The size and design of the expanded facility brought with it the challenge of creating an A/V system as flexible as the architecture itself. The ground floor’s four exhibit halls and movable walls can be configured as anything from 30,000 to 255,000 square feet of exhibit space. The floor also hosts more than 52,000 square feet of meeting space, divisible into as many as 32 conference rooms, as well as two concourse-level lobbies. Three more lobbies are located on the second level, and the third floor comprises nearly 60,000 square feet of grand ballroom space and VIP lounges. The ballrooms can be divided into as many as eight massive rooms. The top floor’s Skyview Terrace can host as many as 200 people for receptions and special events.


Although more and more large venues have begun to employ networked control or CobraNet technology to some degree, few have embraced Ethernet to the extent the OCC has. Whereas most systems might include a networked component as a subsystem, in this case the network is the system, a marriage of computer network and digital audio. “The entire building has been tied together over LAN, which enables us to incorporate audio, video, and control in virtually any configuration,” says Curt Blood, Sparling’s project manager. “There’s very little copper. Once they plug in to the network, it’s all network all the way. So that makes literally any RJ-45 data jack an audiovisual I/O.”

Although there was minimal video involved in the installation, video patch bays and tie-lines were built in to provide for easy connectivity. “We have a few smaller projectors that can float between rooms,” says Mark Crimin, OCC’s A/V lead. Video can be connected directly to BNC through any wall panel and is typically run independent of the LAN.

Digital audio and control information essentially comprise two primary networks. The audio component is based around Biamp‘s Audia system, which handles all signal processing and routing systemwide and is distributed over CobraNet using QSC Audio‘s RAVE. Control information is shared over standard Ethernet. Nine Cisco edge switches and one Cisco core switch tie all data ports together, allowing any port to take on any programmed function. “Audio can be connected to one port and a touch panel or computer into an adjacent port,” Blood says. “The tech can just go to the local telephone closet and patch those ports in to an edge switch, and they’re online with CobraNet and with the control system. Then they can use the touch panel to set up whatever they’ll be using from the sound system for that room.”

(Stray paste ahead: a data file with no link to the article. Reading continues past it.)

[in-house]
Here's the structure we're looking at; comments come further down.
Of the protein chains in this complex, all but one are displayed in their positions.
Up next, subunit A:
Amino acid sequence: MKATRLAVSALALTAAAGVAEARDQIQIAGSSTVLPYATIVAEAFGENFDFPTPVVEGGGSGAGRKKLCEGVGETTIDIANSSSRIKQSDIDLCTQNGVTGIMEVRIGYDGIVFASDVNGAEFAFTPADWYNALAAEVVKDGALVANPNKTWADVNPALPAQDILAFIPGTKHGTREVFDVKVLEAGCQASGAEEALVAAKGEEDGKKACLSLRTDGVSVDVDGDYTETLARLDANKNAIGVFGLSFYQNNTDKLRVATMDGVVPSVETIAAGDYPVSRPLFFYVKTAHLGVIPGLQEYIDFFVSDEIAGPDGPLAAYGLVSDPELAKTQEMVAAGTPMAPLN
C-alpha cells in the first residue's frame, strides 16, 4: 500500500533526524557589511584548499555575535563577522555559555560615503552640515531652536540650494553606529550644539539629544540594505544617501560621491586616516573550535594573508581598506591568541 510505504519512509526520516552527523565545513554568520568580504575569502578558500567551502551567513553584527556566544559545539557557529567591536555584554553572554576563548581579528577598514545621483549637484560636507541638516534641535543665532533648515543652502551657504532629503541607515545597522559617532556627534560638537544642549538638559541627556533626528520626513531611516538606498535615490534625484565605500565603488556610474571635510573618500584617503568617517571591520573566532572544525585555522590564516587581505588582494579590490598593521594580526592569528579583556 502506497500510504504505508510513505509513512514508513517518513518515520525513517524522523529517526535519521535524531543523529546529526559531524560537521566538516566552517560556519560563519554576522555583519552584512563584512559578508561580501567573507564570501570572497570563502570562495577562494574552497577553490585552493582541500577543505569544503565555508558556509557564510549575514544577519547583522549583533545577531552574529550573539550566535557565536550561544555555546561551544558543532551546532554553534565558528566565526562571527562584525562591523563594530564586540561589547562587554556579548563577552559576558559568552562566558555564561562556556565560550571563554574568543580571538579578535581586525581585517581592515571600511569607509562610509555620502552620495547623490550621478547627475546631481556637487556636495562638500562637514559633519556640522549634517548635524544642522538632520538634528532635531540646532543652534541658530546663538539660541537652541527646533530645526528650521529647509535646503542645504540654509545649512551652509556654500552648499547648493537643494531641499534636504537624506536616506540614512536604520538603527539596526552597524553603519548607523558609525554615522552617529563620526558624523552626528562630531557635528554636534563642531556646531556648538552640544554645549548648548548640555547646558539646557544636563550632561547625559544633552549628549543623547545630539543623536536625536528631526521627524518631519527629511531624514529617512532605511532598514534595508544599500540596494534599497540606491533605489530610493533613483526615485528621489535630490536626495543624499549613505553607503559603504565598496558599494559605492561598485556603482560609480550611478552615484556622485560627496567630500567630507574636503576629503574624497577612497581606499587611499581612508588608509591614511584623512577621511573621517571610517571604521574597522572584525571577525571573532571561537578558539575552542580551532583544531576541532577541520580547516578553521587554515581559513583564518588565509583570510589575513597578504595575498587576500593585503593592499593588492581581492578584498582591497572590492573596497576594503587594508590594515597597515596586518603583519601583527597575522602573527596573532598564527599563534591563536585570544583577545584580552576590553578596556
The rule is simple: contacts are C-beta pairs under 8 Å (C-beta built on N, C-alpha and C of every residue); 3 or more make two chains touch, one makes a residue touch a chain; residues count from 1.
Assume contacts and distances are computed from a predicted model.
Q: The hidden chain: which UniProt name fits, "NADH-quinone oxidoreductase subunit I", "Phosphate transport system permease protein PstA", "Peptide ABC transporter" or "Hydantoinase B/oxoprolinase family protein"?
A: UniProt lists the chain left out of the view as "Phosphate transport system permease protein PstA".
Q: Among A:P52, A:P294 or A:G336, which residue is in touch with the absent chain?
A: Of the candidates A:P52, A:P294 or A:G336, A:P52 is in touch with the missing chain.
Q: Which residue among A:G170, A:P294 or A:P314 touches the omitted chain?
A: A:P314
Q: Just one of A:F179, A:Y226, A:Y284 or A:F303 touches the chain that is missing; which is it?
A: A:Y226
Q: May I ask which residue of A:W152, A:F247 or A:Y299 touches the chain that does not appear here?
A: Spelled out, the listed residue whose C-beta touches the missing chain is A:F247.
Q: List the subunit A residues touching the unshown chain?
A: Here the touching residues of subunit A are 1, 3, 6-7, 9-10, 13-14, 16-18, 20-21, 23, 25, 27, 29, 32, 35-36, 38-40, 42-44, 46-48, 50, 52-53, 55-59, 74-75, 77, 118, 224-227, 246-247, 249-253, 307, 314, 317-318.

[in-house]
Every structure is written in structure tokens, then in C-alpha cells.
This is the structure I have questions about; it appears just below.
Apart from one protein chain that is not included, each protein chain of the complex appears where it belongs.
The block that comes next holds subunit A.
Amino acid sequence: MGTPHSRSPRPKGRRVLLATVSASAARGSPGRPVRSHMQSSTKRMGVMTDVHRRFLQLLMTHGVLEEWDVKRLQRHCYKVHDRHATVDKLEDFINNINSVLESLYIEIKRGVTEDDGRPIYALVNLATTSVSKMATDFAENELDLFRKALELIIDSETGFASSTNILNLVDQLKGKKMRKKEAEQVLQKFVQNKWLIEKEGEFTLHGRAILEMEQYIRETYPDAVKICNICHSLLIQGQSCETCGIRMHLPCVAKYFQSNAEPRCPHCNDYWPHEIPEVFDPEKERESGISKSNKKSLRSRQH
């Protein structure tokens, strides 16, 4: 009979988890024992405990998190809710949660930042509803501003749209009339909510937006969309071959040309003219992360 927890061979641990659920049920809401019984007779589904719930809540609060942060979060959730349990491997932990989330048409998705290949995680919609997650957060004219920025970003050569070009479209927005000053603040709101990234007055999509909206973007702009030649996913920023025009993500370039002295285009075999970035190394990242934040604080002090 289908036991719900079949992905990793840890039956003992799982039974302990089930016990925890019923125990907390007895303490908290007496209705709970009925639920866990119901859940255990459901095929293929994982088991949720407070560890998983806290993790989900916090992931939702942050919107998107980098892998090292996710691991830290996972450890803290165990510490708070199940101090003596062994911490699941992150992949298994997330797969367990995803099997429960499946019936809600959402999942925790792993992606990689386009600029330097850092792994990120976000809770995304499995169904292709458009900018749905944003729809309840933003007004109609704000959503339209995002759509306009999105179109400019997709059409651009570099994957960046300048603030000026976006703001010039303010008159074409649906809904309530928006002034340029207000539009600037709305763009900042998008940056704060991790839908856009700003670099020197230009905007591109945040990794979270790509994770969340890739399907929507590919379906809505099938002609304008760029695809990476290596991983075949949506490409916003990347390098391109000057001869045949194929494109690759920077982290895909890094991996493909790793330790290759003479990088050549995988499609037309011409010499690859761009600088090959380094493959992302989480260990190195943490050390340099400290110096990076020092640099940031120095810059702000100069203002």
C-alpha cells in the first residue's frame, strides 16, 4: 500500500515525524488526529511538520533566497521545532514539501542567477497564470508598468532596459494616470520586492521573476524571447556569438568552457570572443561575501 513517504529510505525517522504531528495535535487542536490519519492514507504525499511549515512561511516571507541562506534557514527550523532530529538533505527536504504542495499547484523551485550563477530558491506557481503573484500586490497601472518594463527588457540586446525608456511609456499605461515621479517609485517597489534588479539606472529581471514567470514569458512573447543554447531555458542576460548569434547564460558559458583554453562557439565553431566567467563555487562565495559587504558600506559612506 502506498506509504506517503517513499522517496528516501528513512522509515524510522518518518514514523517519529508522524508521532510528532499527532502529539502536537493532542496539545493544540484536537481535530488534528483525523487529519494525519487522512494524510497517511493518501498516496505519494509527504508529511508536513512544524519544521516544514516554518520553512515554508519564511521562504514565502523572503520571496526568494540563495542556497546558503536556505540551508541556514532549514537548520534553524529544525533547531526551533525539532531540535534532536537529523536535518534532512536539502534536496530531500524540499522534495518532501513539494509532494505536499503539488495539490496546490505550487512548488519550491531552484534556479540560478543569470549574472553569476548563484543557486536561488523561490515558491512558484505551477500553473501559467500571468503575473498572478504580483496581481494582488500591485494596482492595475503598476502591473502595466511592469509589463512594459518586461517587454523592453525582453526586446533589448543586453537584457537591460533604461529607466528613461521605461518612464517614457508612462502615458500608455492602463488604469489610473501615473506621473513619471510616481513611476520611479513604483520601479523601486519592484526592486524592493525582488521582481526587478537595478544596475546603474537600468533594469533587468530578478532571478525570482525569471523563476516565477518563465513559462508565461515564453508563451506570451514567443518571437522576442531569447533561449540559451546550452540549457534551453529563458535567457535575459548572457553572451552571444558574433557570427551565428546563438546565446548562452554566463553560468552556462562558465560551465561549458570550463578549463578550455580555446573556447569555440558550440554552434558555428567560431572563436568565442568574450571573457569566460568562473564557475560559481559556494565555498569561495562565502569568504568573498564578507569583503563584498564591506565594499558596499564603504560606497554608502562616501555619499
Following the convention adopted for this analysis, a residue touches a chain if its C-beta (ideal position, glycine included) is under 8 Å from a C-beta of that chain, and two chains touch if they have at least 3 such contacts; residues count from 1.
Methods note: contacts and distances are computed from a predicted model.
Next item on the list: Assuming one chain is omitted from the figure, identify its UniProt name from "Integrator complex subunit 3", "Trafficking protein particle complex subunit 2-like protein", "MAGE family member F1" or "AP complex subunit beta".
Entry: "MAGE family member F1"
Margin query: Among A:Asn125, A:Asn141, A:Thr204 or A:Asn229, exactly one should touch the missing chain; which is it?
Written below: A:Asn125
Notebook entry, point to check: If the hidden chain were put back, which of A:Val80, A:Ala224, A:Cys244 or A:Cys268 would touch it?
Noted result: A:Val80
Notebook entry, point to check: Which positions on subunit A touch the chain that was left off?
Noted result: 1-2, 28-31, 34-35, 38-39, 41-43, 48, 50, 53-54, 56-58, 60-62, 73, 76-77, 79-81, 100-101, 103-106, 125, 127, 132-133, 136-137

To implement the system’s installation, system designer Sparling partnered with Portland-based DeltaAV for the installation and engineering. One of the first challenges the team faced was the need to integrate the older building’s existing system into the new one. “The old system was put in nearly ten years ago, and throughout the years, the A/V staff there had been plagued by ground loops and other noise,” says Jeff Overbo, project manager at DeltaAV. “That was one reason they were so interested in CobraNet, since we could route the audio over fiber and eliminate a lot of copper. It came together very well — our signal-to-noise was fabulous, and I don’t think we encountered any loops or hum at all.” The links between the new and existing systems were pretty basic, using analog-to-digital transfer to link the old system through fiber optics. “The new system sees the old as a source, with line-level feeds back and forth,” he says. “It’s distributed like any other audio source.”


In order to bring audio into the system, 25 custom portable rack boxes were created, equipped with analog I/O panels connected to Rane NM84 eight-channel CobraNet transceivers. The Rane boxes can be set up anywhere in the facility where multiple channel I/O is needed, and they serve as the system’s main multichannel analog inputs. RAVE CobraNet transceivers were used at strategic locations to provide additional I/O. “In the case of a larger show, we use a Behringer MX3282A mixer and run its outputs into multiple Rane boxes,” says Crimin. “We’ve got some upcoming shows that will need to bring in their own rigs, but we can still run feeds into the house network.”